(This step seems to be showing that \alpha = \frac{1}{2} which corresponds to (***))

    Using (**)
    = \Gamma\Big{(}\frac{1}{2}\Big{)} - \sqrt{\pi} e^{-x^2} \sum^{\infty}_{n=0} \frac{1}{\Gamma\Big{(}\frac{1}{2} - n\Big{)}}\frac{1}{x^{2n+1}}

    = \Gamma\Big{(}\frac{1}{2}\Big{)} - \sqrt{\pi} e^{-x^2} \sum^{\infty}_{n=0} \frac{x^{-(n+1)}}{\Gamma\Big{(}\frac{1}{2} - n\Big{)}}\frac{1}{x^n}

    = \Gamma\Big{(}\frac{1}{2}\Big{)} - e^{-x^2} \sum^{\infty}_{n=0} \frac{\Gamma\Big{(}\frac{1}{2}\Big{)}}{\Gamma\Big{  (}\frac{1}{2} - n\Big{)}}\frac{x^{-(n+1)}}{x^n}


    But I'm stuck now. I need to do something to the e^{-x^2} \textrm{ and the } x^{-(n+1)} but I'm not sure what... I don't even know if what I've done so far is right to be honest... Any help please!
    Last edited by Deadstar; February 1st 2010 at 03:37 PM. Reason: removed sqrt(pi) from last equation
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  2. #2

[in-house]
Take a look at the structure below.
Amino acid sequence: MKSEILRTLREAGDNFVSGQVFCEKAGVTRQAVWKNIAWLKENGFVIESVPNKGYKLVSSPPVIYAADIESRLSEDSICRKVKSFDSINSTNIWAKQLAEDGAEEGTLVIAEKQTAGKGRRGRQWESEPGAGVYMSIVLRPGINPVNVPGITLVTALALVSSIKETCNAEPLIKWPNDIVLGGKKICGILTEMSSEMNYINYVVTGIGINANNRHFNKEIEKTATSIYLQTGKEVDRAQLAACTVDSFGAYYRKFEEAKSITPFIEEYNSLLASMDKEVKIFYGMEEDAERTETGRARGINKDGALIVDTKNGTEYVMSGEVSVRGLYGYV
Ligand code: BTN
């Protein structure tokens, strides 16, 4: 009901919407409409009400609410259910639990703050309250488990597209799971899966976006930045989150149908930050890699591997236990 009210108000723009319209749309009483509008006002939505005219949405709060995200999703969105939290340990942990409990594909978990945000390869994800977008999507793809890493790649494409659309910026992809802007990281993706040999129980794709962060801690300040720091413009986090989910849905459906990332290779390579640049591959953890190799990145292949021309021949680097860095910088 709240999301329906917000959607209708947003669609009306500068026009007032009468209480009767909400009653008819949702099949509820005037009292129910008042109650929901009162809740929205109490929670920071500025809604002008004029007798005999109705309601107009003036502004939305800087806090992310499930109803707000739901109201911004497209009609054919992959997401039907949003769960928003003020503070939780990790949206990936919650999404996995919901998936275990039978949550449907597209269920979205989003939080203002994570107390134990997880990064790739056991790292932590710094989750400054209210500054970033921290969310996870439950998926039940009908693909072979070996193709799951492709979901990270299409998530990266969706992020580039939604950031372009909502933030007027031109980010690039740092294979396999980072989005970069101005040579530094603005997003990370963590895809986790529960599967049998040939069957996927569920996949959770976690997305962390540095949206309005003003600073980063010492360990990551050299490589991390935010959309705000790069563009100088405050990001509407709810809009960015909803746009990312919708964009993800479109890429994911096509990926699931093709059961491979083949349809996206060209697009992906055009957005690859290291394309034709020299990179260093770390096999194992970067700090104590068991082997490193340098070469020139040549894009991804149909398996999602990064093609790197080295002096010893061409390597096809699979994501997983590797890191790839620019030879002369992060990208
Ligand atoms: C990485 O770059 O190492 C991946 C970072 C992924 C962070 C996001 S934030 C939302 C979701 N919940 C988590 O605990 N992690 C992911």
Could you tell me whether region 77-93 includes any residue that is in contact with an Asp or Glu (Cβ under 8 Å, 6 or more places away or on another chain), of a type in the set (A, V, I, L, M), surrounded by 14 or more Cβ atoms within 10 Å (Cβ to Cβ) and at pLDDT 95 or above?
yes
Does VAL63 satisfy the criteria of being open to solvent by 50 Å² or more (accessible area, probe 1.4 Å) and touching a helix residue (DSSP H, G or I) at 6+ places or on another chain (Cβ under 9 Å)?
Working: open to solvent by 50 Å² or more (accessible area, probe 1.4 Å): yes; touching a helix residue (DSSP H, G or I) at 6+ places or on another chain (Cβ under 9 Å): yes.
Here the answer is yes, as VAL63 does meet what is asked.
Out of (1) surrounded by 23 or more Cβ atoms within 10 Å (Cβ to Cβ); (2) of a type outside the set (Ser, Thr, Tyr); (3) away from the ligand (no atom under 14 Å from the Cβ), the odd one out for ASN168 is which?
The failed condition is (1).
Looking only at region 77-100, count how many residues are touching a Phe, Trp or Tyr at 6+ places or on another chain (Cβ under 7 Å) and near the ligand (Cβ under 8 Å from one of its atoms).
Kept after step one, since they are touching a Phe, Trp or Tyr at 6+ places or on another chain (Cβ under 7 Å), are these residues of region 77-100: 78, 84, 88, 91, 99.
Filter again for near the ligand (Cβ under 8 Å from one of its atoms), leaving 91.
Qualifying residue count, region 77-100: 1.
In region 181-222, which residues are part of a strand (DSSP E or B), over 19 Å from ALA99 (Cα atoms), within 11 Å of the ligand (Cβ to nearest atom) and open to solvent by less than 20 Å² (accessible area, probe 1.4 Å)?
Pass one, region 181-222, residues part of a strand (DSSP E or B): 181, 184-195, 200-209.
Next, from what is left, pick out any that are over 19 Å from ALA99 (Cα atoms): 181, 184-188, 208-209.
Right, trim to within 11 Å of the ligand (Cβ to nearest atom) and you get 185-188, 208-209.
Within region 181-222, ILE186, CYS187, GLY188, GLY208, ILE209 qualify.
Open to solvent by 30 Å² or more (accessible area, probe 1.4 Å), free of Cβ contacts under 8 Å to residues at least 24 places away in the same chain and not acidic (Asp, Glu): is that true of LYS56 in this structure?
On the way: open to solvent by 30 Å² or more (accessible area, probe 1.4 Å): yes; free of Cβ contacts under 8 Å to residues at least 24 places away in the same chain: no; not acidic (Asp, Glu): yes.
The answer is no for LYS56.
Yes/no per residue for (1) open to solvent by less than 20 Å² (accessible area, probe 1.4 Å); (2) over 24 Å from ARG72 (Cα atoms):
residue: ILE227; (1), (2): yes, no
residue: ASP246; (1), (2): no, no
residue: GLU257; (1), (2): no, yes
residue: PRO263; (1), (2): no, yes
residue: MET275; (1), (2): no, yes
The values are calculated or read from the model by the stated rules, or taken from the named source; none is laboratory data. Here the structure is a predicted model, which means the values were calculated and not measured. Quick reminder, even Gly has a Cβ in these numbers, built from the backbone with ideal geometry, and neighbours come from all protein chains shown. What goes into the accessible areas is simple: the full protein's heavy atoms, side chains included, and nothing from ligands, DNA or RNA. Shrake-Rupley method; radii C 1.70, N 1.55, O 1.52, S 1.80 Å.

MHF Contributor Drexel28's Avatar
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    Quote Originally Posted by Deadstar View Post
    I already posted this in the Applied section but I don't think thats actually the right place so here it is again!

    I think I'm pretty close to getting this but can't quite figure out what do next!

    From earlier in the question...

    \textrm{erf}(x) = \frac{2}{\sqrt{\pi}} \int^x_0 e^{-t^2} dt \sim 1 - \frac{e^{-x^2}}{\pi} \sum^{\infty}_{n=0} \Gamma \Big{(}n + \frac{1}{2}\Big{)}\frac{(-1)^n}{x^{2n+1}} (*)

    Show that erf(x) can be expressed in terms of the incomplete gamma function, and that the above asymptotic expansion agrees with the result obtained in Problem 6. [The formula \Gamma\Big{(}\frac{1}{2} + n)\Gamma\Big{(}\frac{1}{2} - n\Big{)} = (-1)^n \pi (**) for integer n may be useful.]